Federal health officials are reviewing a Georgia request for a new enrollment period for insurance exchange members who use WellStar Health System doctors and hospitals.
Georgia Insurance Commissioner Jim Beck, in his request to the federal Centers for Medicare & Medicaid Services, cited what he called “misleading, inaccurate and unusual presentations’’ by Anthem Blue Cross and Blue Shield for its Pathways exchange plan.
Consumers say that when they signed up late last year for Anthem coverage, WellStar was listed as part of the insurer’s network. In February, though, the contract between Anthem and WellStar for the Pathways health plan ended.
The prospect of contract termination, consumers say, was not in the information provided when people checked options in the exchange.
Insurance exchanges, created by the Affordable Care Act (ACA), help people who do not have employer or government insurance find coverage.
In his March 4 letter to a CMS official in Atlanta, Beck said the contract problem is a “very unusual situation involving hundreds of Georgia ACA enrollees.’’
Beck, who took office in January, is asking for a special enrollment period so consumers can select a health plan for the rest of the year that has WellStar medical providers.
CMS said late last week that officials are reviewing the commissioner’s request but have not yet made a formal reply.
The biggest area of impact of the contract termination is in Cobb County and other northwest Atlanta suburbs, where WellStar dominates the health care market.
The contract situation has prompted a lawsuit, originally filed by two Cobb County residents.
The lawsuit alleges that Anthem had notified WellStar in August 2018 that it would be ending the exchange contract with the Marietta-based health system. But despite that notification, Anthem did not inform potential customers looking for individual policies during open enrollment in November and December, the suit claims.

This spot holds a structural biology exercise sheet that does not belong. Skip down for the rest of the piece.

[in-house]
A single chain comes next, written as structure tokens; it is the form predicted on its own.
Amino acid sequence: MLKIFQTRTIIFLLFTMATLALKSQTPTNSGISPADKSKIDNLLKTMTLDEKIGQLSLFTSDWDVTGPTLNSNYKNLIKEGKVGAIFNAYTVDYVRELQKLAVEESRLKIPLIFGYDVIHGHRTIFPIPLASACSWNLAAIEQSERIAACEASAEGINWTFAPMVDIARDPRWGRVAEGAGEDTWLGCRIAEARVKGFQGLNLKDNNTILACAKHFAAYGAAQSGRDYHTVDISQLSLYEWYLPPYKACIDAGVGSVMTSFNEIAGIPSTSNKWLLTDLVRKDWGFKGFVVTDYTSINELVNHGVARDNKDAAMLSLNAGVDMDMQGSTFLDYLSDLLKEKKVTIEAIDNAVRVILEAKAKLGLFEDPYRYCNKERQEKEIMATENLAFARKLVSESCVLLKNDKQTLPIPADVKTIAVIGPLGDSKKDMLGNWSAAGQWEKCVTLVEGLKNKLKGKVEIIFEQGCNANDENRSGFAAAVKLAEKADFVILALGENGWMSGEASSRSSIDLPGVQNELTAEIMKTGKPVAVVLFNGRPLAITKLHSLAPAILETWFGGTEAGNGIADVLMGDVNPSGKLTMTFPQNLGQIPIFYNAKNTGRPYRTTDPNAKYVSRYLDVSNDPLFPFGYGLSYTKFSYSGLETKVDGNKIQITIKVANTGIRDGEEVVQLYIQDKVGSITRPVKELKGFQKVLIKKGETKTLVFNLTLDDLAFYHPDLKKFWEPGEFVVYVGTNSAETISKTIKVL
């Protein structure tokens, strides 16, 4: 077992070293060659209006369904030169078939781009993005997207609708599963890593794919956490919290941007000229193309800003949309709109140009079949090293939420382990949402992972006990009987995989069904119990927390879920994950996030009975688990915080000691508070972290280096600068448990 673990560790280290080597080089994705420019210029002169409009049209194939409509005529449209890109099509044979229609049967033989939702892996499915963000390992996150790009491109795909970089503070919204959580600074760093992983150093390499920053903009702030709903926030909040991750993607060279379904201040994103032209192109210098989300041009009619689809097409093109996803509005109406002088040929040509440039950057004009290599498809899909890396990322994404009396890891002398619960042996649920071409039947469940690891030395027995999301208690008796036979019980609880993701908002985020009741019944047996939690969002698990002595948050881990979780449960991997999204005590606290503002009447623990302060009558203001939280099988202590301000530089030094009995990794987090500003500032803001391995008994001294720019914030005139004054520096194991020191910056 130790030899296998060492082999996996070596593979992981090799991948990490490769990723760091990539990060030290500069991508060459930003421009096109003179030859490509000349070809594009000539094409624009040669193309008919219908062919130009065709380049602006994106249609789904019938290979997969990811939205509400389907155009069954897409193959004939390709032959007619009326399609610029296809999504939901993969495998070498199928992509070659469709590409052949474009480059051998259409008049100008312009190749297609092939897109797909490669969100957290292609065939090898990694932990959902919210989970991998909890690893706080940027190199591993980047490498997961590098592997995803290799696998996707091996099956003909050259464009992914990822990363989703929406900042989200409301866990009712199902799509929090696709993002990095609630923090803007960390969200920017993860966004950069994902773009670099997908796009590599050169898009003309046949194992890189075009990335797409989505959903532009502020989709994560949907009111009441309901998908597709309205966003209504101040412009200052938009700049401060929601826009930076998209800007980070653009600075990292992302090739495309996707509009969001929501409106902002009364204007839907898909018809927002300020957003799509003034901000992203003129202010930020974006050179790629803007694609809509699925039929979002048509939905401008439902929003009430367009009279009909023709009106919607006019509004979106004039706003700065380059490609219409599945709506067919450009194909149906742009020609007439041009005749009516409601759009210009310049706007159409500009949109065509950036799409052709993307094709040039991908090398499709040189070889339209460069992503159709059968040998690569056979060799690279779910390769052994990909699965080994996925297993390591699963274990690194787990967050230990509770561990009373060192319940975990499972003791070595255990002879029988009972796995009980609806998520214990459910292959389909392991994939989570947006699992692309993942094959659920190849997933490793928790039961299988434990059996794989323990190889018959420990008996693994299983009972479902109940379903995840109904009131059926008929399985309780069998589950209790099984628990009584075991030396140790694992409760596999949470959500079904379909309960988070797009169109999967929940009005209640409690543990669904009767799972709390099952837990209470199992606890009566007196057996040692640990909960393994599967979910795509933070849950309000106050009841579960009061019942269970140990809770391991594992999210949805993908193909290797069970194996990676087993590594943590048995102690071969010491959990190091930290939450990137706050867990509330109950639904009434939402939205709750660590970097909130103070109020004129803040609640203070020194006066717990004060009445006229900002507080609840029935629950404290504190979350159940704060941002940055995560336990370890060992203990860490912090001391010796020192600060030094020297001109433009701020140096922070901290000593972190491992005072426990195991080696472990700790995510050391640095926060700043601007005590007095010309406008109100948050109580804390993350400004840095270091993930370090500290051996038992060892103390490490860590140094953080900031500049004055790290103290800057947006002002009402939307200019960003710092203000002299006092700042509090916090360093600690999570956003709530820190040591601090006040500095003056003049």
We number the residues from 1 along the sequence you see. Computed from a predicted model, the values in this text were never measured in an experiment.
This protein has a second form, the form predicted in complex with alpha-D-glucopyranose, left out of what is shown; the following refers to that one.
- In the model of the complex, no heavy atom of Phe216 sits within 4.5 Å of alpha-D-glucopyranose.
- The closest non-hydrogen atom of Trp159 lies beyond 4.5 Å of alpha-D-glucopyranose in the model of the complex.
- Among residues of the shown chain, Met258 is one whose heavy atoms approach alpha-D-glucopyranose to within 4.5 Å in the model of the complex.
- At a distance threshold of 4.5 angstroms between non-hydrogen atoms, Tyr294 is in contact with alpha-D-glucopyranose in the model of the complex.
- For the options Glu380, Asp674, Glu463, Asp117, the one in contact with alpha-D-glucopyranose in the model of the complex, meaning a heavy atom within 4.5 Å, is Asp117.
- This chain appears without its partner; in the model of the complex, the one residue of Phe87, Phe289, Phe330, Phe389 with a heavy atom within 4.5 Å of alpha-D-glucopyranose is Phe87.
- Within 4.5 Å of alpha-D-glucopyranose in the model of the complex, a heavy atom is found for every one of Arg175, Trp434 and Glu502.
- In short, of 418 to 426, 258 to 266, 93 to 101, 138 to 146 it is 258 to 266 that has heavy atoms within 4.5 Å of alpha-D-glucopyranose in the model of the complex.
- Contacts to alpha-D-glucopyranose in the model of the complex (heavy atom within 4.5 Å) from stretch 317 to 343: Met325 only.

Attorney Jason Doss of the Doss Law Firm in Atlanta, who filed the suit, said the non-disclosure was a case of “a bait-and-switch’’ based on false advertising.
“We are very pleased that the insurance commissioner is asking for a special enrollment period for WellStar patients,’’ Doss said Monday. “The special enrollment period needs to be extended to everyone who enrolled, however, not just WellStar patients.’’
Doss claimed that Emory and Piedmont also were listed as “in network” for Anthem, when they were not.
“We have received calls from literally hundreds of victims and the damage is widespread, particularly in all metro Atlanta counties,” he said.
Marietta-based WellStar said Monday in a statement, “Given the circumstances, we applaud and support Commissioner Beck’s efforts to give patients the opportunity to re-enroll with accurate information.’’
Anthem, based in Indianapolis, declined to comment Monday, saying the Beck letter is derived from the ongoing lawsuit.
The company said last month that it would allow another 90 days of network coverage for those members who selected, were assigned or tried to choose a WellStar-affiliated primary care physician.
In a statement in February, the insurer acknowledged that some Georgia consumers “may have enrolled in Anthem plans based on the incorrect assumption WellStar would remain in our Pathway network throughout 2019.’’
James Budzinski, WellStar’s chief financial officer, has told GHN that Anthem did not follow the designated protocols for ending the contract. He said the dispute would go through a mediation process this month.
Anthem has declined to comment on the consumers’ lawsuit because it is pending litigation.
One of the Cobb plaintiffs, Frances Kirby, 56, said she chose Anthem because her longtime primary care physician and several of her specialists were WellStar doctors and were listed as part of the insurer’s network here. She said WellStar operates the only hospitals in Cobb County, where she lives.
A second plaintiff, John David Marks, 63, said last month that he had to cancel an appointment with his urologist because that doctor is no longer in network.
“I was diagnosed with prostate cancer a year and a half ago,’’ Marks told GHN. “I’m in a surveillance program.’’ He said he also has heart problems.
Marks said that while a WellStar hospital is just five minutes away from his home, the closest non-WellStar hospital is 25 miles away.
He said he switched to Anthem in the exchange because there were more facilities available, the cost was cheaper, and WellStar providers were listed as part of the network.
“I have established relationships with these doctors,’’ he said.
Anthem Blue Cross and Blue Shield is Georgia’s largest health insurer.
Andy Miller is editor and CEO of Georgia Health News